As Franklin alludes, this is a country that works best with the promise that honest work will eventually result in a steadily increasing quality of life, from which each generation benefits from an improved starting point.

Ergo, my grandfather did not have a college education, but he instilled in me the value of education and a work ethic to invest in one for myself. Sure, sometimes the ideal isn't as easy as all that. My grandfather was also a son of the Great Depression, which erased much of his opportunity. So what he could not share in financial aid, he shared in a principled approach.

Unfortunately, the communication undermining our current economic recovery seems to be related to the constant buzz of continually increasing taxes against specific brackets, thereby creating a greater burden on the principle of upward mobility from honest work and education. In sum, the very remedy that will supposedly propel people up is also the very burden that will create deeper dips in retained income at each step. And that hinders mobility and widens the gap between rich and poor.

All the while, some politicians have forgotten that that American people don't work harder with an expressed interest in helping the government spend more. They only do so in order to help their families and endow their future generations with the ability to have an improved starting point. Their honest work is its own reward.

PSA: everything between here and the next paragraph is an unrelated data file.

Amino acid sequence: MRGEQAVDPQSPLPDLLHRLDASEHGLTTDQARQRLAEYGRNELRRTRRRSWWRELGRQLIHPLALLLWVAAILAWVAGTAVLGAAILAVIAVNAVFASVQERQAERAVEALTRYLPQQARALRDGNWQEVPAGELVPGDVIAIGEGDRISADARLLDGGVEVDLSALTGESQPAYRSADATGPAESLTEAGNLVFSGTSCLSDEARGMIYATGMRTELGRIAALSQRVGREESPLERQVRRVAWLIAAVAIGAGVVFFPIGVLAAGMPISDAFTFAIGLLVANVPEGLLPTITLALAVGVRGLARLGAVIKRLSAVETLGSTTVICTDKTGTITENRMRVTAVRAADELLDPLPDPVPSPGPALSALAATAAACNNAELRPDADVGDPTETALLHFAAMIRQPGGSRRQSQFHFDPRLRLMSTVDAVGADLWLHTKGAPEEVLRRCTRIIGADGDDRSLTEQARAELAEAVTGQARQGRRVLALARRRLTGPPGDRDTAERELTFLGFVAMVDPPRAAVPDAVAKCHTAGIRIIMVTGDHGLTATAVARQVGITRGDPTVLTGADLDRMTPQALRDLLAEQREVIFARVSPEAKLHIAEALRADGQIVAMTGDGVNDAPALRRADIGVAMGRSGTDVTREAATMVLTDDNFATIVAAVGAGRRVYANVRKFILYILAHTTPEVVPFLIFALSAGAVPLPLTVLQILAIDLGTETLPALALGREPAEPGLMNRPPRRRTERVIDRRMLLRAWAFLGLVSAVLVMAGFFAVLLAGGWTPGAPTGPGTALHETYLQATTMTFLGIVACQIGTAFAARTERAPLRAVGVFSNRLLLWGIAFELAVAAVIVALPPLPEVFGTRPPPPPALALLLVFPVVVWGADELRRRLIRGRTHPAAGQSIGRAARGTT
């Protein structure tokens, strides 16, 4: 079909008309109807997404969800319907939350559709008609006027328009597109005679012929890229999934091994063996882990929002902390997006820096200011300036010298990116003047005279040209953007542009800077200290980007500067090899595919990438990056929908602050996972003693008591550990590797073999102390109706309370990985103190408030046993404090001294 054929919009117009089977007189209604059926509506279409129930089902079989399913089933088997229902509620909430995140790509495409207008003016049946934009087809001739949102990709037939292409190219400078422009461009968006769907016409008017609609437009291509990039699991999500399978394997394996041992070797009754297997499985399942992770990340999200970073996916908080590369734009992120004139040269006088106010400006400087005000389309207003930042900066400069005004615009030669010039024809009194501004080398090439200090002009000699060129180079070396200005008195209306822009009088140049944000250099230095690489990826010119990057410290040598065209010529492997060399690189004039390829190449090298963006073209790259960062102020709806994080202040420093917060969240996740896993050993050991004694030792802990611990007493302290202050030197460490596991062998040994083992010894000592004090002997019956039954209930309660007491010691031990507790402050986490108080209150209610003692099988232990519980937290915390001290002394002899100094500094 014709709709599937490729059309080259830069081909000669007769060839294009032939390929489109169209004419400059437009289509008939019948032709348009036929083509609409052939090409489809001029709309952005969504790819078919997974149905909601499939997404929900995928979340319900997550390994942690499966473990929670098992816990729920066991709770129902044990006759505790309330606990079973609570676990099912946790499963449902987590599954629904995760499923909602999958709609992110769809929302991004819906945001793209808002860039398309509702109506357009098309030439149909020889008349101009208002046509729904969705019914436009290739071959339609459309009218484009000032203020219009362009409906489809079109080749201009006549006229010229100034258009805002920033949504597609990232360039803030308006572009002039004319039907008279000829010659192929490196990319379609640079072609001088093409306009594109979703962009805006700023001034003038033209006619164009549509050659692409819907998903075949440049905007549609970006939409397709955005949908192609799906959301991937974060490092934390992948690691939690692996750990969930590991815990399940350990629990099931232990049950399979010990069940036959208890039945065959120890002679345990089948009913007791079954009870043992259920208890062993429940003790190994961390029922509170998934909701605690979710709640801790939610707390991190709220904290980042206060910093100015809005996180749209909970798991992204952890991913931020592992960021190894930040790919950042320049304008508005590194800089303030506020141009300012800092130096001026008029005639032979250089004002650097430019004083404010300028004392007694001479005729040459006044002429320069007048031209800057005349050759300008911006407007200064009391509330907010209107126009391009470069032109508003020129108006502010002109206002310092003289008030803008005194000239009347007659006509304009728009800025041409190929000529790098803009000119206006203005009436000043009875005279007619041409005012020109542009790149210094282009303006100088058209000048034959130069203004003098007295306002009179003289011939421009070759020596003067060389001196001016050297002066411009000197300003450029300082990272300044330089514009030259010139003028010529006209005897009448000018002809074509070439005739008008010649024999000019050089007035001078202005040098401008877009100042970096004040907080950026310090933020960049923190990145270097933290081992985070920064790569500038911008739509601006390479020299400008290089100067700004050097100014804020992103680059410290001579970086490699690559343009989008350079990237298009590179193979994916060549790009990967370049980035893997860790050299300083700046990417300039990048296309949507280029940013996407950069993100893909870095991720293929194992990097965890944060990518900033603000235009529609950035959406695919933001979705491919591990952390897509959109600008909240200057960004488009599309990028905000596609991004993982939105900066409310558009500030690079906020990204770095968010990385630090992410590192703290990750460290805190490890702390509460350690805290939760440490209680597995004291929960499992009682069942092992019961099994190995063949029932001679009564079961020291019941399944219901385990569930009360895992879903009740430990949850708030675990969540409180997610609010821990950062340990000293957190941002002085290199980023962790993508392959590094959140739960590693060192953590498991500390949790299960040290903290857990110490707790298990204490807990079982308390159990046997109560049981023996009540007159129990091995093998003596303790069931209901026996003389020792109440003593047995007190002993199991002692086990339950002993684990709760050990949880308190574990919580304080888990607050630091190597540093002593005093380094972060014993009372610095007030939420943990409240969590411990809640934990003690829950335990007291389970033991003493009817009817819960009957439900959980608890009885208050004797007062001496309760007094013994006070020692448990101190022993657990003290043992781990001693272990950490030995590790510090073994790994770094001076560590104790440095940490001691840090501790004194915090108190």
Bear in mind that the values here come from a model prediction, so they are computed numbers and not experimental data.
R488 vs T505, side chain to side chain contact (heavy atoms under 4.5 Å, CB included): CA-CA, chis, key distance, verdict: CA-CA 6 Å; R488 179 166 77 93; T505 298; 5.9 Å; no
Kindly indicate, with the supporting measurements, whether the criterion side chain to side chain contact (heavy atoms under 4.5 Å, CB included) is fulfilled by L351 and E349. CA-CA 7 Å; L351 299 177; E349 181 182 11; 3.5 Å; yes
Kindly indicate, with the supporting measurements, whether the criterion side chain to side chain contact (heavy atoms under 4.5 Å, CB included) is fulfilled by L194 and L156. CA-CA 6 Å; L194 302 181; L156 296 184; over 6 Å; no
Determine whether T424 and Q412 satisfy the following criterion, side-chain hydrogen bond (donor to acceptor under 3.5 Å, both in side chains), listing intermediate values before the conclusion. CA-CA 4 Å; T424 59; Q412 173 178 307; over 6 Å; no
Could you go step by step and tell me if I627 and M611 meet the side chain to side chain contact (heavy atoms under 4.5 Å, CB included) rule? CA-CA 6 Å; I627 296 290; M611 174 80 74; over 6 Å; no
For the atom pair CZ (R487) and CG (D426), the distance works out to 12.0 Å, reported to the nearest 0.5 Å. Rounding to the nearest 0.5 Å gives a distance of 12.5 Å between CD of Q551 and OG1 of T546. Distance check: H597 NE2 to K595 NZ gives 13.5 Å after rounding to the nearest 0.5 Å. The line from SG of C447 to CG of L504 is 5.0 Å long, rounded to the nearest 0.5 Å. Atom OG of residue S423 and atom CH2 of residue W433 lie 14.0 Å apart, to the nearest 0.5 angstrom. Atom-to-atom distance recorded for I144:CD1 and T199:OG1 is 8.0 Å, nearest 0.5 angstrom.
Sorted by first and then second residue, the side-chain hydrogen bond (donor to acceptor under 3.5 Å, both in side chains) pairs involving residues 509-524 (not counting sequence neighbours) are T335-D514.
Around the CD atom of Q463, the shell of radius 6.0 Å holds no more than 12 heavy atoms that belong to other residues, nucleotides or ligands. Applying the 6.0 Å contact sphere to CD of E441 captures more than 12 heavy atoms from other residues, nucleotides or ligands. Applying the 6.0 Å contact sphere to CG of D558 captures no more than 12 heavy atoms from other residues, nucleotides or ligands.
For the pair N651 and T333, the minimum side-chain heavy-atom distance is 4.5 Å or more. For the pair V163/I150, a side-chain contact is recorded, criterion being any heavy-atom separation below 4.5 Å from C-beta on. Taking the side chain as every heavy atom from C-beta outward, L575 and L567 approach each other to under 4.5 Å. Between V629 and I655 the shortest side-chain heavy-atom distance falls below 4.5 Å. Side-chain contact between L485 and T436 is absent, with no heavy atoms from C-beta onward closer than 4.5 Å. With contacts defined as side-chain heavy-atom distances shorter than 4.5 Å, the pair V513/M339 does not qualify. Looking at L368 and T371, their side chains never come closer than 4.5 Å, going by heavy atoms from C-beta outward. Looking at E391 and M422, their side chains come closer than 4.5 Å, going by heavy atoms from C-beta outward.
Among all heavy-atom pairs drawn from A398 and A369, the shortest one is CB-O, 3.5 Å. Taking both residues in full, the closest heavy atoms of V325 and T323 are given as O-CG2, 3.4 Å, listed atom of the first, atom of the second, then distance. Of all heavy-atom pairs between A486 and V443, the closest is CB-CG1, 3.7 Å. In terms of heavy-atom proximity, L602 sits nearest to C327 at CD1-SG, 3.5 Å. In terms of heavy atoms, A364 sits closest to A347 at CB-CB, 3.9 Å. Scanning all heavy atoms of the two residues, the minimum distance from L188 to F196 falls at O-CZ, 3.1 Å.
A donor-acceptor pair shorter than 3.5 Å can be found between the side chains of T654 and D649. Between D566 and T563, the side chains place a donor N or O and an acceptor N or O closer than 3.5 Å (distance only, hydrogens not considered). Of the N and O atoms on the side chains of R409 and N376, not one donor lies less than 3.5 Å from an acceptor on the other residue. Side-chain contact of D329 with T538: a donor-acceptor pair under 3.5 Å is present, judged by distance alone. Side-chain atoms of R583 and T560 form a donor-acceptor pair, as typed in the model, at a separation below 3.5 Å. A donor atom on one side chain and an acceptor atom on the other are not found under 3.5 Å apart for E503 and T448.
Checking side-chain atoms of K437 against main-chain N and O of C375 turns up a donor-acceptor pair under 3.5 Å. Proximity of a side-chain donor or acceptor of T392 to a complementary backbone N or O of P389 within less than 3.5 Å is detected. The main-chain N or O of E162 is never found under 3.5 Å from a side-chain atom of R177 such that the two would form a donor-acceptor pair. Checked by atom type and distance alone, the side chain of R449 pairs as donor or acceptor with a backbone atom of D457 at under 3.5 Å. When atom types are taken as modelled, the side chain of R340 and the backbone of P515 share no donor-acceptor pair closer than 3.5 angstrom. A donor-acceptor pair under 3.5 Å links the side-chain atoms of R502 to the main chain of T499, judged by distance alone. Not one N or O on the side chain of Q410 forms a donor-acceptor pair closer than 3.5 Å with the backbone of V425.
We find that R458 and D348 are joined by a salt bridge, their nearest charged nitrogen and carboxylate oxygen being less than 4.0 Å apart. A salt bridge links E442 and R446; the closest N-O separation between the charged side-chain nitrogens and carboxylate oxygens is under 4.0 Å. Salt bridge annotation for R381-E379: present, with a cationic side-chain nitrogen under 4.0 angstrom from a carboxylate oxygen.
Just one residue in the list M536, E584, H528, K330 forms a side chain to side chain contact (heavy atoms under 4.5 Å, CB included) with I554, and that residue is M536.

Empowered Giving.

Having worked extensively with the nonprofit sector, I don't believe Americans are by their very nature "greedy" people. From those who have helped me with specific causes, they seem to understand that helping their neighbors, strengthening their communities, and taking pride in American exceptionalism wherever it can be found goes hand and hand with any success they might enjoy.

The vast majority do so voluntarily, with each citizen determining the extent to which they can help. Generally, they prioritize with a tendency toward teaching people to fish over giving people fish. They do so with the hope that those they help will also find that honest work is its own reward. They do so because they are prudent with their charity.

One wouldn't always think so listening to some stewards in this country at times. On the contrary, the communication consistently seems to be that anyone who receives any reward from honest work is obligated to share it not with neighbors but whomever the steward sees fit. Even if they don't need it.

And sometimes, the steward says, maybe the standard is too high, meaning to take any extra fish and then some. Unfortunately, when Americans are faced with such uncertainty or downward mobility, they tend to brace for crisis.

Changing Choices.

The general practice of tossing up two bad choices has got to stop. While Americans have become almost complacent in picking from whatever choices are on the table (e.g,. a bad health care bill or no health care bill), there comes a time when someone could stand up and say that the smarter choice is not to participate at all.

Right now, the only solution politicians need to pursue is empowering people to reach a position so they can help their neighbors become empowered too. Anything else is little more than a shell game. At least, that might be the advice we can glean from previous generations who had fewer assets but somehow created more value for all of us. Good night and good luck.